Granada - History & Hospitality

Granada COBill saddled up Blackie and rode out of Lamar. We traveled east on 385 and made our way to Granada. The traffic was somewhat heavy but otherwise the ride was smooth sailing. I drove up ahead to search for an internet connection. I often end up driving around looking for an unencrypted wireless network, although most major hotel chains have wireless internet, so that’s usually my first choose.  Small towns don’t usually have hotels, so I then have to search for internet.

I met back up with Brenda in the after noon and we asked some locals about a place we could camp out for the night. Lucky there was a open field right in town that was perfect for us. We got settled in and where getting ready to call it a night when a visitor came to see us. It turned out to be the mayor of Granada. She was very nice and directed us to a local restaurant called Chez W. DuVall’s Restaurant & Shoppe. There we met owners Myrna and John DuVall.

The family atmosphere was apparent the moment we stepped in the door. Simple clean and elegant, Chez W. DuVall’s was a nice surprise, though I could tell it was popular when we first arrived in town, as there where plenty of cars in their parking lot. Bill told Mr. DuVall about our journey while Mr. DuVall told us all about Granada and the local area. We also got to meet a local icon, Lorence McMillin.

My impression of Mr. McMillin was that of a humble man. We learned that he was the town mayor for twelve years, and was on the city counsel for twenty years. Born and raised in the area, Mr. McMillin is a well of information and history. He told us about the The Amache Japanese Internment Camp which is just outside Granada. He explained that the government purchased about 10 miles of local farmland. I was curious if the farmers where asked to sell or told to and if the locals where opposed to the camp. He replied no. The camp brought a large influx on people to the area. Today many of the local buildings contain brick that the government sold of when the closed the camp. Mr. McMillin was 9 years old when the camp was created. I found this link if anyone is interested in learning about the camp.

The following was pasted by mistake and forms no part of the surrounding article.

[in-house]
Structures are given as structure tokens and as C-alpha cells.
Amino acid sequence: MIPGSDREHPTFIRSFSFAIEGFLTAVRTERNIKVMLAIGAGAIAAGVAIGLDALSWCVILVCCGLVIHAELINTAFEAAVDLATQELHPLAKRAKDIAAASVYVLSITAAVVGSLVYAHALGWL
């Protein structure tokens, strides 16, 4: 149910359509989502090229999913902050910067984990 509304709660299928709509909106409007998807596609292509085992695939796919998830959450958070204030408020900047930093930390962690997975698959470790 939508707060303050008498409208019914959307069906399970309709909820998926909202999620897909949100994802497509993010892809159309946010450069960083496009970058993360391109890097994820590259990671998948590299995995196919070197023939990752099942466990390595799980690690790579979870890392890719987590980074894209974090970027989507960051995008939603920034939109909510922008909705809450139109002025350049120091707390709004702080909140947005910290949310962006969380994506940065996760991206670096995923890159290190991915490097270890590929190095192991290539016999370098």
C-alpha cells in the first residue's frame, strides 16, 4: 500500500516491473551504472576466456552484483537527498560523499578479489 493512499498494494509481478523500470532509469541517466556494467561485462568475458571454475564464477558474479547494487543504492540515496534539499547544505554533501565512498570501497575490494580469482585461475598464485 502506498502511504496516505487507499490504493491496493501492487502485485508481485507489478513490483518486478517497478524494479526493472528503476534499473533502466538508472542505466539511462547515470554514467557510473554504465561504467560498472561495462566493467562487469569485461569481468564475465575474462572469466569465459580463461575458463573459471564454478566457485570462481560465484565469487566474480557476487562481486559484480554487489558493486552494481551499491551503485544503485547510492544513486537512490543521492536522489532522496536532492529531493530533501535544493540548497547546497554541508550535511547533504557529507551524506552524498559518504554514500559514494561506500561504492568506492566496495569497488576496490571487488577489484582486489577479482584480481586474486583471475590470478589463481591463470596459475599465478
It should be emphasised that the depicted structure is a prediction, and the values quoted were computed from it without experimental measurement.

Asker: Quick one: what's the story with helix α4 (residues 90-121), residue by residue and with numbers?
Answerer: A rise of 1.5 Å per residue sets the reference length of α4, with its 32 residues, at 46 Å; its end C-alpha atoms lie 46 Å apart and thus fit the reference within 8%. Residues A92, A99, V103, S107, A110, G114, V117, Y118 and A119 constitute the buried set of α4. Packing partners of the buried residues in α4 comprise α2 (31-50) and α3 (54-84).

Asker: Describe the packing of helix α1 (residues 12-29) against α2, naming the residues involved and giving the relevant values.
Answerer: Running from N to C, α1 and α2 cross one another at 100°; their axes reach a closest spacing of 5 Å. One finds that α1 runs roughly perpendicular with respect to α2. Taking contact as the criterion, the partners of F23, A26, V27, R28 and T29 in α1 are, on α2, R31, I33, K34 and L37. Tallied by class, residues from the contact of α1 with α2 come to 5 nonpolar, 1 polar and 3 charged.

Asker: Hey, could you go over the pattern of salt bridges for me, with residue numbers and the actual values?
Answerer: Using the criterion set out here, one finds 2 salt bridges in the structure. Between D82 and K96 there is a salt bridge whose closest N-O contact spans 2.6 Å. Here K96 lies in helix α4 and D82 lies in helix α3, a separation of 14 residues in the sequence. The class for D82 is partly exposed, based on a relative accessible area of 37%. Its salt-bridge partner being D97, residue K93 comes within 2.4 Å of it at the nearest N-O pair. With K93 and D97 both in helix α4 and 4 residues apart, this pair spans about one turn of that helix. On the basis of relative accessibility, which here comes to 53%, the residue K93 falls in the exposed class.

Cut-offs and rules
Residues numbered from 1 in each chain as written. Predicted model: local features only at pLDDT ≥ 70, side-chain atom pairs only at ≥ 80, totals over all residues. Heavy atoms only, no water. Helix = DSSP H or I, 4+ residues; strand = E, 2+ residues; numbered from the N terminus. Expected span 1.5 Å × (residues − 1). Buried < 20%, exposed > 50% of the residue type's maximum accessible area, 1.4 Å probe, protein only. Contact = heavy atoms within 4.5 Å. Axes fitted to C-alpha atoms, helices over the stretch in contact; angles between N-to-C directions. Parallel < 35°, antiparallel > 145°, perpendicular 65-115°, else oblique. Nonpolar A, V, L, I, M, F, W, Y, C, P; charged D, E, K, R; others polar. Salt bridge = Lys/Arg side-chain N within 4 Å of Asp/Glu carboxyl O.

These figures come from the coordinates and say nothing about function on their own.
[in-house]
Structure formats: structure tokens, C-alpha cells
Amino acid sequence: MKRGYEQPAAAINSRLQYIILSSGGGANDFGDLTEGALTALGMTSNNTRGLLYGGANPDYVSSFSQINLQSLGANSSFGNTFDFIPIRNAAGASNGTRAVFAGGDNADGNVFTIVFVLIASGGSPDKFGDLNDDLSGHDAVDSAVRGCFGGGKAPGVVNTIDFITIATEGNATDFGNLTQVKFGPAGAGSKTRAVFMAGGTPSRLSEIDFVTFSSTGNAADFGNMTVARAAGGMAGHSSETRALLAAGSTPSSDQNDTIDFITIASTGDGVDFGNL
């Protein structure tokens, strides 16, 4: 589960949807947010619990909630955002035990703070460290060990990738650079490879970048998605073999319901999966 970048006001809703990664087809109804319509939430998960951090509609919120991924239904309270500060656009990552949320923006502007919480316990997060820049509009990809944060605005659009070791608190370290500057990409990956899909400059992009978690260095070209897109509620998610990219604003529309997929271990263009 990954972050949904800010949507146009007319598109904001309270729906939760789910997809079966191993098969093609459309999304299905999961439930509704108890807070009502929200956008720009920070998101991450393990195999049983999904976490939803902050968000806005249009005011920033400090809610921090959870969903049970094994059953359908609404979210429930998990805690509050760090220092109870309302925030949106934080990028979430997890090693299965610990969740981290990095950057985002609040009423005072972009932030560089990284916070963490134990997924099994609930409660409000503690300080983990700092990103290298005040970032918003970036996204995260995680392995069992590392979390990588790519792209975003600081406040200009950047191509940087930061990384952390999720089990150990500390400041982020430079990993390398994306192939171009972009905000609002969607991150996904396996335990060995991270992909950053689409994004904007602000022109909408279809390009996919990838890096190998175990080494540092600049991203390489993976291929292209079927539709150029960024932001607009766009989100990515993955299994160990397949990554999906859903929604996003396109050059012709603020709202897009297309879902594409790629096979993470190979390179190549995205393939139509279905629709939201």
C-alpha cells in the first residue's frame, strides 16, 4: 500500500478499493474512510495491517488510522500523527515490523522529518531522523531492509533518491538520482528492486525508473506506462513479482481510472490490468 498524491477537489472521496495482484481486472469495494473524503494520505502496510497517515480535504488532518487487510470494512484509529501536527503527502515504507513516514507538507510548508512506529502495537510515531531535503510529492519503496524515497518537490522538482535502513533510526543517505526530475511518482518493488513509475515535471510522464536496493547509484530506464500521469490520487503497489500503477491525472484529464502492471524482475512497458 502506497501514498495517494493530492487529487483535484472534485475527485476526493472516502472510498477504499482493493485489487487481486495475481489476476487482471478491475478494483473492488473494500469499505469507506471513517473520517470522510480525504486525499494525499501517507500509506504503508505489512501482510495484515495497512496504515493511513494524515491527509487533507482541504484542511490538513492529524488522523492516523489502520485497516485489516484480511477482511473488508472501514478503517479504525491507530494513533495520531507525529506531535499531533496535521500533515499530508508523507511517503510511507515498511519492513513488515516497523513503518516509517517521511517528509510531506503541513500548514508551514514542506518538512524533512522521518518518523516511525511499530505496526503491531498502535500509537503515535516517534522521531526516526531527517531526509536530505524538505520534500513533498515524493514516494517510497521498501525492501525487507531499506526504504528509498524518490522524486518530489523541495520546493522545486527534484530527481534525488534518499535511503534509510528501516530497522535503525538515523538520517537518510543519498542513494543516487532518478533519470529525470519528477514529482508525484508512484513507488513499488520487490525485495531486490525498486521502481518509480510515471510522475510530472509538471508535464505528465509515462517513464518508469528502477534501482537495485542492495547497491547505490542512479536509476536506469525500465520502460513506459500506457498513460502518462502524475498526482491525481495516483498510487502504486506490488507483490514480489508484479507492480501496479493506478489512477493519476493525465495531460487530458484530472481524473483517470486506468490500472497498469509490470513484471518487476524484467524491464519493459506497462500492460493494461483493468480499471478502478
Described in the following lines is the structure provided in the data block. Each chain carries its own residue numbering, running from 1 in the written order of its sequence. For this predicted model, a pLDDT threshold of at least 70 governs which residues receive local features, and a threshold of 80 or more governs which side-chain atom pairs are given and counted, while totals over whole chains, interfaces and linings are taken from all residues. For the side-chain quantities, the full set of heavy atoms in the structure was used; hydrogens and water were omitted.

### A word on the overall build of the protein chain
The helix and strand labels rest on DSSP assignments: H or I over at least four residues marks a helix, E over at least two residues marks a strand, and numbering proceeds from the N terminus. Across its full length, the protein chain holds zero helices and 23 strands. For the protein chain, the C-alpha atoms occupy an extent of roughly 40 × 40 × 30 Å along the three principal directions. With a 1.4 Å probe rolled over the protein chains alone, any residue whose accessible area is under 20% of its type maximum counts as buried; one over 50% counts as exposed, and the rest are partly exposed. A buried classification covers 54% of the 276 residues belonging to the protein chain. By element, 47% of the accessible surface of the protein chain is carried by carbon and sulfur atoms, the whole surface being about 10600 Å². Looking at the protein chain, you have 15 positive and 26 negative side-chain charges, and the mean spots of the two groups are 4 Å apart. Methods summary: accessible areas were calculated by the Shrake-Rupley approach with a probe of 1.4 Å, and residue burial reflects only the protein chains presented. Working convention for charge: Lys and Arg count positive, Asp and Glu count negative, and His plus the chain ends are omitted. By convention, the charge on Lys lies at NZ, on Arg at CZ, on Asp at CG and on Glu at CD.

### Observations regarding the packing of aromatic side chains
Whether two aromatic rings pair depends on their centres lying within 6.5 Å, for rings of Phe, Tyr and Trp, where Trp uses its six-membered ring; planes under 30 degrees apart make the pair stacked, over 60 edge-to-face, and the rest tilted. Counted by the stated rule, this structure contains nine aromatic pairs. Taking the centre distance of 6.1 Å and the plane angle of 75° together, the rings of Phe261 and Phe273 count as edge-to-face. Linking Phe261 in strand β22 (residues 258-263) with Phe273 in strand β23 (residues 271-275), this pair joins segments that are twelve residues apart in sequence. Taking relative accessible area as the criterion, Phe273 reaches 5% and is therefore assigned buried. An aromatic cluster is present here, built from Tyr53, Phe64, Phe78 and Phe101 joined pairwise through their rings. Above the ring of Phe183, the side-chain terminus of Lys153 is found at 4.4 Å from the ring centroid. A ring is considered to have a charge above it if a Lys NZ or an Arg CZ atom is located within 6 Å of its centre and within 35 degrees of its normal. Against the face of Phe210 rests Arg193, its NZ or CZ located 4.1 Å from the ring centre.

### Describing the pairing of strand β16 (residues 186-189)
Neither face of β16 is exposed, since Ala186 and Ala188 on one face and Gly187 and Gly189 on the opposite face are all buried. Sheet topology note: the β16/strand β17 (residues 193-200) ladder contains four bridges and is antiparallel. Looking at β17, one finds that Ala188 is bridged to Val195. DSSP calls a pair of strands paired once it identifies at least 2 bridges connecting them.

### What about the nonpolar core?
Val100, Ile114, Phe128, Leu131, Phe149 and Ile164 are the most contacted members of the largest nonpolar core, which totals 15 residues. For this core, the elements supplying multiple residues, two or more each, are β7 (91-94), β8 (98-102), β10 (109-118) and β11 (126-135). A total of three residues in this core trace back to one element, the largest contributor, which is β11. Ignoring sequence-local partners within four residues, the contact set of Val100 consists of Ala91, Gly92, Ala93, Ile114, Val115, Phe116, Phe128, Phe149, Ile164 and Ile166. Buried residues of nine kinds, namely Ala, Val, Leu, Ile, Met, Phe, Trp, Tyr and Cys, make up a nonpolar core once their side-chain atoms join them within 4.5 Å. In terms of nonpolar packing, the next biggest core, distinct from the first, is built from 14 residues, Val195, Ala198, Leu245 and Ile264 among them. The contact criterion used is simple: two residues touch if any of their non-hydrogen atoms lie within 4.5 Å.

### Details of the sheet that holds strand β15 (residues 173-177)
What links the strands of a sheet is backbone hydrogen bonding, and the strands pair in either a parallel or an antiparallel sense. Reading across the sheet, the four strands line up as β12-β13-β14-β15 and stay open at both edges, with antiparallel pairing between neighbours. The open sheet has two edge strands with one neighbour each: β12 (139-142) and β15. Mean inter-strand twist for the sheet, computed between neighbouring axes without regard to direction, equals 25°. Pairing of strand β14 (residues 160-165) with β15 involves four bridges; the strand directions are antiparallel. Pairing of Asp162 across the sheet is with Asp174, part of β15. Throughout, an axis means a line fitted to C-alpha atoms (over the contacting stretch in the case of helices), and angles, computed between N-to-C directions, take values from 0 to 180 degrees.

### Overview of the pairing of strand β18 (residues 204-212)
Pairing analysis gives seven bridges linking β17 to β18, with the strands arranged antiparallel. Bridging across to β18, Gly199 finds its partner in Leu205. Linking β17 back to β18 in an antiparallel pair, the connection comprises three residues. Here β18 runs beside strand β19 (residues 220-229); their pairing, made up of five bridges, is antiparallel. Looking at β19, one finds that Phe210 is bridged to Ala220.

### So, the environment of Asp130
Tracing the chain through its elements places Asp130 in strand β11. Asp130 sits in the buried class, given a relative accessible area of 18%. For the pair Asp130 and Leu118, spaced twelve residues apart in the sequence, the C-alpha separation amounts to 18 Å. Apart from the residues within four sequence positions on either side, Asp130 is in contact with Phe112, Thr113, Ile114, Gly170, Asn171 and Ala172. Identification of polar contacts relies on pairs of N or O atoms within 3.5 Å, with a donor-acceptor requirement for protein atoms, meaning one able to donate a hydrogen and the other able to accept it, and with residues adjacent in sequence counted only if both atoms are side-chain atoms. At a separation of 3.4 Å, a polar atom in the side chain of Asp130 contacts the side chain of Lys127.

You can meet Mr. McMillin at his barbershop in town if you need a trim. He is the only licensed barber in the county, so he get pretty busy. Though if you wait your sure to hear a thing or two.